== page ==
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Swanky Swan gracefully evokes earlier era; B&B;: The White Swan Tavern, in the historic heart of Chestertown, boasts an ambience that goes back to our nation's beginnings.; Short Hop

At first glance, the White Swan Tavern, a beautifully restored bed and breakfast in Chestertown, doesn't stand out among the 18th- and 19th-century buildings on High Street. Set back from the row of store fronts and shielded by columns that support the shed overhang, it seems almost retiring. But step inside the capacious front hall with its huge, tattered American flag (carried by suffragettes in 1919), and you are surrounded by perfectly proportioned spaces filled with antiques and imbued with an ambience that reaches back over two centuries to our nation's beginnings.

In the course of 270 years, the White Swan has been a tannery, a tavern, an inn, a private home and shops. When I first saw it 25 years ago, it was the local newsstand. Its dim interior smelled faintly of newsprint, tobacco, history and old wood. Now, the tavern still smells faintly of old wood, but the history that permeates the place is more apparent, reinforced by beaded paneling, polished board floors and wainscoted fireplaces.

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Restoration of the White Swan began in 1978 with an archaeological dig that unearthed a wealth of artifacts including bits of stemware and crockery chargers (big plates) decorated with the primitive swan that is now the tavern's logo. A glass case in the tap room displays a selection of these shards, a reminder of the building's accumulated heritage. In 1981, after three painstaking years of excavation and restoration, the White Swan Tavern reopened as a bed and breakfast in the historic heart of Chestertown.

Although the general look and feel of the White Swan's public rooms is late 1700s, the six guest rooms each reflect the period of the various owners for whom they are named. My favorite is the tavern's oldest room, the John Lovegrove Kitchen. Brick floored, with exposed ceiling beams and a vast fireplace, the room whisks guests back to the 1730s, when Lovegrove, Chestertown's shoemaker, lived in this room with his family and operated a tannery in what is now the garden. The White Swan's most "modern" accommodation is the T. W. Eliason Victorian Suite on the second floor, where a tufted sofa, cabbage-rose carpeting and king-size bed with huge headboard call to mind the overwrought decor of the late 1800s, though the room itself takes a less-is-more approach to the period. Others have beautiful four-poster canopied beds and, in some cases, pictures of the room's namesake.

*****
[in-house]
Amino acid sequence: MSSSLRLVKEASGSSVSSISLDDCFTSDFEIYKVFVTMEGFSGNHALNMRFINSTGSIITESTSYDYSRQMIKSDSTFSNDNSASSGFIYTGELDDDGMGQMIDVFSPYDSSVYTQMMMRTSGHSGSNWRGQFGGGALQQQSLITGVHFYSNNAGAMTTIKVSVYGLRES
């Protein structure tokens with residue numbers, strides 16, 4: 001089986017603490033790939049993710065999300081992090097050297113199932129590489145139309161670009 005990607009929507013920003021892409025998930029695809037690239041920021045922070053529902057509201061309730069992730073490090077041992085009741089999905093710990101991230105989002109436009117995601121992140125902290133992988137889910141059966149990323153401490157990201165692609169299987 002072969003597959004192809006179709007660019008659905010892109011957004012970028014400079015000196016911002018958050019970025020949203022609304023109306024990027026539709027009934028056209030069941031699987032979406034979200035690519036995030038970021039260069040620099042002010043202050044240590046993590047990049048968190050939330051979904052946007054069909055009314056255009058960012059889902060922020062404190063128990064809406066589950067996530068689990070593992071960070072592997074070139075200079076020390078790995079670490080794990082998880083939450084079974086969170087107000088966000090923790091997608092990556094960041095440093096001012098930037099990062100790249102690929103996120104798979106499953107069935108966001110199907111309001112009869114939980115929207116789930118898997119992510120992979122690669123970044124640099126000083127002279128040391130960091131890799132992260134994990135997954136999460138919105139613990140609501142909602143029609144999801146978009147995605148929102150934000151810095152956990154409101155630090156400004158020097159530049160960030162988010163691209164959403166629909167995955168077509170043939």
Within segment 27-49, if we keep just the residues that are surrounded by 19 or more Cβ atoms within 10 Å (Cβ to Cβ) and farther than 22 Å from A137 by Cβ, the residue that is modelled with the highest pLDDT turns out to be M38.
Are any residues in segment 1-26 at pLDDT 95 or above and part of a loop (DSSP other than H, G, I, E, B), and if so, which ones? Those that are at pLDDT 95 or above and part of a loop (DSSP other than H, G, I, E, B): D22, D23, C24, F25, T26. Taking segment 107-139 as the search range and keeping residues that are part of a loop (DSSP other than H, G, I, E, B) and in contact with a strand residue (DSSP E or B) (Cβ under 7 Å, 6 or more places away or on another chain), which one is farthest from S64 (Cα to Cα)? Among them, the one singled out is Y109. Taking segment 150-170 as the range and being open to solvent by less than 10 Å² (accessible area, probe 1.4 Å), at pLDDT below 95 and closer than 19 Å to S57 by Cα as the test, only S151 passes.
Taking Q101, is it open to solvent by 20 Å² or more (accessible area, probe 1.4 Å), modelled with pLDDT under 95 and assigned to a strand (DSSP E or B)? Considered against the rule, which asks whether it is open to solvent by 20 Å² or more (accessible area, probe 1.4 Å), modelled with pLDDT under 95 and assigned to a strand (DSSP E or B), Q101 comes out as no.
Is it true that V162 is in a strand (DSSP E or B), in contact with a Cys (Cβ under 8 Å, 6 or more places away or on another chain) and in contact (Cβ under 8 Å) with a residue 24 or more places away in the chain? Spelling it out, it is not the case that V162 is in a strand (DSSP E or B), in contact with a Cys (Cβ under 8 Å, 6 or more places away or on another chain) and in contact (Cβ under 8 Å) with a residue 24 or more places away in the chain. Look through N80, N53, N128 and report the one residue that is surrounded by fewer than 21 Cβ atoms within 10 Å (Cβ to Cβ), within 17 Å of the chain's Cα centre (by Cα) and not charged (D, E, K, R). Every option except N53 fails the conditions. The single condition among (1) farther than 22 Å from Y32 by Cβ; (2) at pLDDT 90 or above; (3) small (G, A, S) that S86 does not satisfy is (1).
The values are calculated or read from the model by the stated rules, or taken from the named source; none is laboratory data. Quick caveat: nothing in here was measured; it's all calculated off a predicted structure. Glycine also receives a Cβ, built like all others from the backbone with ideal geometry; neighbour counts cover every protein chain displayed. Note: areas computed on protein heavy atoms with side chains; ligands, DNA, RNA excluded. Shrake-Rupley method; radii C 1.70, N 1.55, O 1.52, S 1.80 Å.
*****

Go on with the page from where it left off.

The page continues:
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In keeping with the peace of the White Swan, the rooms have neither telephone nor television, though the King Joseph common room has a television for the cathode-ray-tube addicted. Bathrooms are modern. A stay there is truly an escape to a less hectic time, borne out in the quiet welcome given by the manager, Mary Maisel, and innkeeper, Wayne McGuire. After Continental breakfast in the very Williamsburgy Isaac Cannell Room, guests can curl up with a book or sally forth into the rest of the town, which is filled with history.

Chestertown Tea Party

Named a Port of Entry in 1695, Chestertown enjoyed a thriving waterborne trade -- evident in the elegant homes of wealthy merchants that line High and Water streets. Not surprisingly, Chestertown's Colonial elite were instrumental in advancing the cause of American liberty (or fomenting rebellion depending upon which side of the Atlantic you hail from). George Washington made regular trips here during the buildup to the Revolution to converse with leaders such as Col. Joseph Nicholson, who owned the White Swan and was a member of one of the Committees of Correspondence, a bunch of epistolary rabble-rousers. During his visits, Washington sometimes visited the Hynson-Ringgold House, another 18th-century treasure on Water Street with an amazing antler-shaped dual staircase.